China says your recyclables don’t measure up
With processors running out of space, some items shipped to landfills
IT’S NOT APPARENT AT THE CURB yet, but recycling programs across Massachusetts are taking a big hit right now because of a new Chinese policy limiting the amount of contaminants the country will accept in shipments of waste paper and some other scrap materials.
The new level, set at a half of a percent for waste paper and many other items, is well below the 3 to 5 percent that has become the target for most processors of recycled materials in this country.
“It’s almost impossible for us,” said Ben Harvey, the president of E.L. Harvey & Sons in Westborough. “That’s lower than Ivory soap, which is 99 percent pure.”
Since China is the biggest importer of recycled materials in the world, accounting for half the market, the contamination policy has turned the business of recyclables upside down. Companies that process recycled items are scrambling to find new markets or stockpiling materials in the hope that China will eventually relent and relax its standards.
Greg Cooper, director of business compliance and recycling at the state Department of Environmental Protection, said the sale of recycled materials is a commodities market, prone to dramatic swings up and down in prices based on supply and demand. With Chinese imports of some recycled materials way down, Cooper said, the supply of recycled materials is about the same but the demand has fallen way off.
Cooper said other countries, including Indonesia, Vietnam, India, and South Korea, are expanding their imports, but right now supply still far exceeds demand. Many companies that process recycled materials in Massachusetts are having difficulty selling their product and running out of space to store it.
The situation became so dire at some facilities in late December that state environmental officials granted them a waiver from waste bans so they could start disposing of items in landfills and incinerators. Cooper said he doesn’t have complete information yet on how much was buried or burned, but he estimated it was about 100 to 200 tons a day, or about 5 percent of the total, over a two-week period.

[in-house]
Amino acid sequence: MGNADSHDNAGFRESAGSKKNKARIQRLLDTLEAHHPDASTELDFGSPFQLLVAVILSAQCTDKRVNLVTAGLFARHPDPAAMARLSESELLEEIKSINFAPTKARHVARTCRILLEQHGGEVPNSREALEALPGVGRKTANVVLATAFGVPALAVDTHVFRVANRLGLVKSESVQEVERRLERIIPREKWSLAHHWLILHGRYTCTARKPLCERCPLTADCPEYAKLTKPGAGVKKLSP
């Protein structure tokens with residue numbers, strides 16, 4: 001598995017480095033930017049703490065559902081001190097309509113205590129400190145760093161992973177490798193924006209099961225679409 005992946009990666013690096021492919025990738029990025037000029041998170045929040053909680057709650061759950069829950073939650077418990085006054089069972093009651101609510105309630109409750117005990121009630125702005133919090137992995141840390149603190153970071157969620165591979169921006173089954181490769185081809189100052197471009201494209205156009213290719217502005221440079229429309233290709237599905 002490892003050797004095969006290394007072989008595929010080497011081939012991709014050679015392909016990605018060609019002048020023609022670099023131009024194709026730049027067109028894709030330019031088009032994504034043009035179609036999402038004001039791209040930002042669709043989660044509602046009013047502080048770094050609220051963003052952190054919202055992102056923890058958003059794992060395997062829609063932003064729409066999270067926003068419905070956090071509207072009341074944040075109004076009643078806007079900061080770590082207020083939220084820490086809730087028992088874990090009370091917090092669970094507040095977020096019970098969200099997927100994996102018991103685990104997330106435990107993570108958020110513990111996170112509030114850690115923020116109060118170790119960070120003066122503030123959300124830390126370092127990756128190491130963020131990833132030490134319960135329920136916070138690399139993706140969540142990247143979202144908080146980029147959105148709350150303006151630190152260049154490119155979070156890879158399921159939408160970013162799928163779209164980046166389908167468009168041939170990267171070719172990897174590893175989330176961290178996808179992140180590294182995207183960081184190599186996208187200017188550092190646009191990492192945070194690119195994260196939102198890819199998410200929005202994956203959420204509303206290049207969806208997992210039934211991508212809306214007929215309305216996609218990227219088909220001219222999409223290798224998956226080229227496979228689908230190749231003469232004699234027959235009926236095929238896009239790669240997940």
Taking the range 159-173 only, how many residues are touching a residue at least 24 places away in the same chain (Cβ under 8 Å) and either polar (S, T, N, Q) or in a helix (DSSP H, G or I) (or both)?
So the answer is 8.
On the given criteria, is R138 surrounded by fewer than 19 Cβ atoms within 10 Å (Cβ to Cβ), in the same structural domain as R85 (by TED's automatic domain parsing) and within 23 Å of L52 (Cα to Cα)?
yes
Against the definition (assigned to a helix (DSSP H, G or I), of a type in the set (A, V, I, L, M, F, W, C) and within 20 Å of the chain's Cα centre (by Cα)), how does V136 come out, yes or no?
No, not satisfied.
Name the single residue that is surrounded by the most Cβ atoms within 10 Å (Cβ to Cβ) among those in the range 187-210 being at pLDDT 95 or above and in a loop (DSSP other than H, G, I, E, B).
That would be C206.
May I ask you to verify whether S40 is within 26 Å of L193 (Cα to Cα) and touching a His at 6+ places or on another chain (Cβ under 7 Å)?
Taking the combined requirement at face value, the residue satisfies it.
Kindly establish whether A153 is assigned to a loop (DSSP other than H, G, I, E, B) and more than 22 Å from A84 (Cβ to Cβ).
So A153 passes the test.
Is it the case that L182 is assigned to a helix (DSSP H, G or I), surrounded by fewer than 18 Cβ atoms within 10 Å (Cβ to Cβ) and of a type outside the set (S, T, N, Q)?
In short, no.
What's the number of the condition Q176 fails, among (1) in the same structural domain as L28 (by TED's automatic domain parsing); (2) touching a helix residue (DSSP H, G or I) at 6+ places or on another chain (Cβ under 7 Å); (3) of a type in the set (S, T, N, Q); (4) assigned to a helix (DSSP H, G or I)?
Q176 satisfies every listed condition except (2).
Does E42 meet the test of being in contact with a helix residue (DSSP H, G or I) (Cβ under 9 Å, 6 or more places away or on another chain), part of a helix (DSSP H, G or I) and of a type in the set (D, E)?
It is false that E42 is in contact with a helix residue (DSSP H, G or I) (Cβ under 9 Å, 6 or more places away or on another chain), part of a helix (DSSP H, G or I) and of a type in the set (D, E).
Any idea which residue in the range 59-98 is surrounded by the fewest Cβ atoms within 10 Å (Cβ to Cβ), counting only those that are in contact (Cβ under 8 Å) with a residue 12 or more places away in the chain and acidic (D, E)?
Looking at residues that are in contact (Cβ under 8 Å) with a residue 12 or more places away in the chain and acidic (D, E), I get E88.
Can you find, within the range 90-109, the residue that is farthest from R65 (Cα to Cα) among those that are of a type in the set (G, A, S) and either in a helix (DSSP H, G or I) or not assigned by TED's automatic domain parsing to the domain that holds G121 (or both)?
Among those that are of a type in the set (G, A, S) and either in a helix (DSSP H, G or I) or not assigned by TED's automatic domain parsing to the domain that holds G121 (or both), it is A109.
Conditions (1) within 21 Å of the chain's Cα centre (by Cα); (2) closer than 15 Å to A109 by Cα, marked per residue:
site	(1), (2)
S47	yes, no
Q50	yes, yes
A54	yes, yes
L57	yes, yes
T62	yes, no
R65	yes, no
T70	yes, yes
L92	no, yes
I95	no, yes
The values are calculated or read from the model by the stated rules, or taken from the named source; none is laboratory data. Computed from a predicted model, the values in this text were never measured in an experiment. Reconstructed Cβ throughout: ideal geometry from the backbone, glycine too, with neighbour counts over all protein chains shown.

So far, municipalities and homeowners have seen little impact from the new Chinese policy. But that will start to change if China’s policy remains in place for several more months and recycling contracts start coming up for renewal. Industry officials say they expect the cost of disposing of recycled materials to rise, possibly dramatically.
Already, the value of some types of recycled materials has plummeted on world markets. Kevin Roche, the chief executive of ecomaine, which handles recycling and trash disposal for a number of Maine municipalities, said waste paper sold for an average of $101 a ton in fiscal 2016 and $51 a ton in fiscal 2017, which ended in July 2017. Right now, Roche says, he is having trouble getting any money for waste paper and sometimes he is having to pay firms to take it.
Most state and municipal officials seem content to wait and see what happens with China over the next few months. Officials said they want homeowners to do a better job of keeping contaminants out of their recycling containers and processors need to do a better job of sorting out contaminants as items are prepared for shipment to companies that use the material to make new products.But there seems little inclination to make major changes in the way recycled materials are handled. Single-stream recycling, where a resident puts all recyclables in one bin, sometimes contributes to the problem of contamination. Pay-as-you-throw programs, which charge residents for the trash they put out at the curb, also incentivize people to throw as much as possible in the recycling bin.
Roche is also hopeful the market will rebound. “The market can’t get any worse,” he said. “There’s only one direction it can go or the market’s going to fall apart.”